Pioneering unit churns out almost 1GWh in February at capacity factor outstripping conventional bottom-fixed offshore wind turbines
FloatGen unit off La Turballe, western France Photo: SEBASTIEN SALOM GOMIS/AFP/Getty Images/NTB scanpix
The pioneering FloatGen floating wind pilot in the French Atlantic Ocean has outreached production levels seen to date at the project, hitting a new record in February with over 920MWh of output for the month.
The 2MW unit, based around a Vestas turbine and ‘damping pool’ foundation from Ideol, also saw its highest-ever monthly capacity factor, 66.3%, a percentage significantly better than the average bottom-fixed offshore machine, which averages around 50%.
“[This confirms the outstanding production and availability numbers recorded throughout 2019 … highlighting one of the fundamental arguments in favor of accelerating the commercial-scale deployment of floating offshore wind: taking full advantage of the best wind resources one can find further offshore and without any depth constraints,” said Ideol.
FloatGen’s 95.7% uptime last month, the company added, pointed to the technology’s “readiness for commercial-scale deployments, even in severe environments, wherever these may be in the world”.
“These figures further demonstrate the financial viabiilty of floating wind power and its potential to produce at levels that more often than not exceed traditional bottom-fixed, confirming what we are seeing at Hywind Scotland [in the Scottish North Sea] and on a site [off the west coast of France] that is on average much less windy than Hywind’s,” Ideol chief sales and marketing officer Bruno Geschier told Recharge.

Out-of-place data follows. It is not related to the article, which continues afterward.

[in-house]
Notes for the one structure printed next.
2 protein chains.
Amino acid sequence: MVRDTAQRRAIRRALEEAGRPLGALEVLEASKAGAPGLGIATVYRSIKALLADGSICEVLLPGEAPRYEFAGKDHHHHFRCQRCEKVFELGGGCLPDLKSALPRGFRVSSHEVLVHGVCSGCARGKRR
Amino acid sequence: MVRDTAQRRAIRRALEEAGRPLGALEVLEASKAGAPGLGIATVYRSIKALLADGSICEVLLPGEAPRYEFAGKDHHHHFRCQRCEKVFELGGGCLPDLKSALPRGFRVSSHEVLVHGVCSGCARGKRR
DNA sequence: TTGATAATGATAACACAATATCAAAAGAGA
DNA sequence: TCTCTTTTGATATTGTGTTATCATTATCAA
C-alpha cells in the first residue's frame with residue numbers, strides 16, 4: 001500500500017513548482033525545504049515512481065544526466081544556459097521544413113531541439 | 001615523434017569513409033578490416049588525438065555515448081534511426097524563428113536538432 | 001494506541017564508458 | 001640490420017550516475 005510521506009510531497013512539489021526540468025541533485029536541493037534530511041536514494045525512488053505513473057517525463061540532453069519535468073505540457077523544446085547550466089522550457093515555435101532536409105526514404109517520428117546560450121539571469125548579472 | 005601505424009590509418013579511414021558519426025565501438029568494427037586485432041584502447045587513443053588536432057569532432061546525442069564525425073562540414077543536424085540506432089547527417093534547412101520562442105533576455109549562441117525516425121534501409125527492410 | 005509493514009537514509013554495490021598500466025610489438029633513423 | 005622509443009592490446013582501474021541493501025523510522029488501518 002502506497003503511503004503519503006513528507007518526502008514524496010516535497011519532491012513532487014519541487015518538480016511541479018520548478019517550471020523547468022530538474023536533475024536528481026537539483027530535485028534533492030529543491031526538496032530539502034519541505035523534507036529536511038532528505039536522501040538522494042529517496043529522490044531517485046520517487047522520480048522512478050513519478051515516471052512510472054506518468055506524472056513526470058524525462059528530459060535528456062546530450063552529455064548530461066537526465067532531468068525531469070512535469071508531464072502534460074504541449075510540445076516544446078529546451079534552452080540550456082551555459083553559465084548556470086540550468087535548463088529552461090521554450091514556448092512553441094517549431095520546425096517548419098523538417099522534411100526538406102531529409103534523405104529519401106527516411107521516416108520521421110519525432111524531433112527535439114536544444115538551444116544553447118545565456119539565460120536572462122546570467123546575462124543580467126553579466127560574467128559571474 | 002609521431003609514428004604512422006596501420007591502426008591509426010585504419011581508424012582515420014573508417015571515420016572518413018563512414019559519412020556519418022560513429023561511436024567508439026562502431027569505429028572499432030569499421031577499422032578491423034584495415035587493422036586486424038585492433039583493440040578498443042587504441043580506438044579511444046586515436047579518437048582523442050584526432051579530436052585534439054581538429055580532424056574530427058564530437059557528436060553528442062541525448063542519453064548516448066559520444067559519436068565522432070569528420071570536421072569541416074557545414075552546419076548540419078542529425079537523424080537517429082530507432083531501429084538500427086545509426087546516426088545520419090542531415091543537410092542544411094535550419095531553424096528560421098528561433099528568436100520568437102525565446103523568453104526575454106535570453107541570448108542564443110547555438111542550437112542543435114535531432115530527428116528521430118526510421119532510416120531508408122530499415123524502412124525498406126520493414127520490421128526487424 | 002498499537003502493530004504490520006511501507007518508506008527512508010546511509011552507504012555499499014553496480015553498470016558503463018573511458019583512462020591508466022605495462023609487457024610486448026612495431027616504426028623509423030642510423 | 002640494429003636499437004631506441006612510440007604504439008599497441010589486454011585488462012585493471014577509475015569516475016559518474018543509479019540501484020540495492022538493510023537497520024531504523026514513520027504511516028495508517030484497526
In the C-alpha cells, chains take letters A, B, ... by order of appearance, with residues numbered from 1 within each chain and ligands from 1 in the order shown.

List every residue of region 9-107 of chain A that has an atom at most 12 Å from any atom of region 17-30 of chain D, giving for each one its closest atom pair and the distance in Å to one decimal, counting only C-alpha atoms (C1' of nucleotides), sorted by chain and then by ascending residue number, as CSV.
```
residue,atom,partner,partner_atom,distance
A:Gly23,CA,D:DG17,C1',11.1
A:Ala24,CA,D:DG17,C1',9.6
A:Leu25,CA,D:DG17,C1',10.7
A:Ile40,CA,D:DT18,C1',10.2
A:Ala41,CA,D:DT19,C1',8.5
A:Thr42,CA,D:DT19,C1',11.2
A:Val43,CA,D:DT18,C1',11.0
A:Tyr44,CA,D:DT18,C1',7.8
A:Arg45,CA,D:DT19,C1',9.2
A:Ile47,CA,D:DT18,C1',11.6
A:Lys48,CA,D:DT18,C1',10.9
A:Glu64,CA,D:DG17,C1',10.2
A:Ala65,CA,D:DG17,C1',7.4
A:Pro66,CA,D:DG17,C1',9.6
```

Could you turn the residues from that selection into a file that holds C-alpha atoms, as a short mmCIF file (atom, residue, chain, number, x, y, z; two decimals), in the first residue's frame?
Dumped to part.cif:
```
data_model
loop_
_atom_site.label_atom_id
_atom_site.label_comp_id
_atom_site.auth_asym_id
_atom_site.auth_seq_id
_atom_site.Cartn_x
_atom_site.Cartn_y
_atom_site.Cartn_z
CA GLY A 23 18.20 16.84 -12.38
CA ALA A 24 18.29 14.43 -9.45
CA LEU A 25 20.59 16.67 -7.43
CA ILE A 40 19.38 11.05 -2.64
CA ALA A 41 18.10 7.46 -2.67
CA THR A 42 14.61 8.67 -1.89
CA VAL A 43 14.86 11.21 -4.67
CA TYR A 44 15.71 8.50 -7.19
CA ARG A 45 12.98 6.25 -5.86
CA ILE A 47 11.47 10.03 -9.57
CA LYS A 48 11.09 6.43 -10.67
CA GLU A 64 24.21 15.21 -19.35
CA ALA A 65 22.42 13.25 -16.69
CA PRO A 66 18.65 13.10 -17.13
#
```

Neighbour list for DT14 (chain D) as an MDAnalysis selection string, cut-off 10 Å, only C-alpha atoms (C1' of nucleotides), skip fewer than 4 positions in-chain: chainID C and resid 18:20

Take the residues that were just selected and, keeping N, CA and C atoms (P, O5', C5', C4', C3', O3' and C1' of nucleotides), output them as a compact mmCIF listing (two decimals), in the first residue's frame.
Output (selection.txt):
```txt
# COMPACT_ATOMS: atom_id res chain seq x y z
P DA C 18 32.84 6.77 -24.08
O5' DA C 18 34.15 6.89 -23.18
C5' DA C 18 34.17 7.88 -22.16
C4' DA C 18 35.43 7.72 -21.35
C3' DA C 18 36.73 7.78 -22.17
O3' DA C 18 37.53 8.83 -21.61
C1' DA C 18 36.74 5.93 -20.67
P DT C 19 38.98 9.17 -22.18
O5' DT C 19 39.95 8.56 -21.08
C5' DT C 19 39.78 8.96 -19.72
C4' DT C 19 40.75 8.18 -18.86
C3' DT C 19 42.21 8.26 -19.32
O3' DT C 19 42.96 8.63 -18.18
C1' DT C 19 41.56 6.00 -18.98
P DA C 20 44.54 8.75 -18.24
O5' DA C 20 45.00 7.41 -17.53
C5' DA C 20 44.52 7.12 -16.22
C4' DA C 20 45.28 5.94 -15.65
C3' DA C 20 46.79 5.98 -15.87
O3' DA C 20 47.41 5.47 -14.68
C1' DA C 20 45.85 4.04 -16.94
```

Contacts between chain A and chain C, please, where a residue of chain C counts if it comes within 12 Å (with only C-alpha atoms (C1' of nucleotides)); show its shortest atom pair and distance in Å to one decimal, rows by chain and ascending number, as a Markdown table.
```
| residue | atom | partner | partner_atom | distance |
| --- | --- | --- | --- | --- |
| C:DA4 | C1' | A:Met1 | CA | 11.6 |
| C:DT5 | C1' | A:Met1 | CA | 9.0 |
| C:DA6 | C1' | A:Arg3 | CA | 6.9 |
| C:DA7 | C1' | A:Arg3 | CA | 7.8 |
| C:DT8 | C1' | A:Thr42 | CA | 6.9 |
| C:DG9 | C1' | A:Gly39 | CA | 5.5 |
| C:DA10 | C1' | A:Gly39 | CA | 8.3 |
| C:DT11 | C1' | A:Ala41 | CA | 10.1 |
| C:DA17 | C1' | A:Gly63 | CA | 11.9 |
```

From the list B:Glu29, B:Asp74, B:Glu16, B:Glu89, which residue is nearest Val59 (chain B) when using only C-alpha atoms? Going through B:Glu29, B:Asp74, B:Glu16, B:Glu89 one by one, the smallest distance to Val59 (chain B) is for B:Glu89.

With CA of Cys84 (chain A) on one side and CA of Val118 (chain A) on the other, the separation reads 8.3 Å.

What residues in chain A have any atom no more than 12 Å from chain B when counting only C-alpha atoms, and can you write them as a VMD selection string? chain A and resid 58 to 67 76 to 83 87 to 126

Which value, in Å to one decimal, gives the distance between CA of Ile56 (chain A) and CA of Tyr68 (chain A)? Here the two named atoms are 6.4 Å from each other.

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In January, Ideol reported that FloatGen, which is moored at the Sem-Rev test site off Western France, turned in record production through the second half of 2019, more than doubling the output churned out in its first six months of operation after installation.
The company has a second prototype installed off Japan, where last year it signed a memorandum of understanding with Japanese construction and civil engineering giant Taisei – the conglomerate responsible for many of the island nation’s major infrastructure projects, including the 2020 Olympic Stadium in Tokyo – to mass produce concrete versions of its floating foundation.
In the UK, it announced last year that it is tying up with Belgian offshore wind developer Elicio to develop projects off Scotland, with the pair currently preparing a bid for the ScotWind leasing round about to be launched by UK seabed landlord the Crown Estate.
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France has struggled to get steel in the water in developing its considerable offshore wind resource, with its lead-off award of large-scale bottom-fixed developments in 2012 becoming mired in regulatory delays and the first of those projects – the 480MW Saint-Nazaire offshore wind array – now due to enter service in 2023.
The French wind power association, FEE, has been lobbying the country’s government for several years to hold a 2GW tender targeting commercial-scale floating projects as a launch-pad to switching on as much as 6GW by 2030.
Analysts range widely in their 2030 global forecasts for floating wind, with estimates spread from as little as 6GW up to almost 19GW – with arrays in development in all major maritime regions and over 20GW of commercial-scale projects in early planning – and the build-out all influenced by how quickly levellised cost of energy numbers can be brought down to be competitive with conventional offshore wind. SOURCE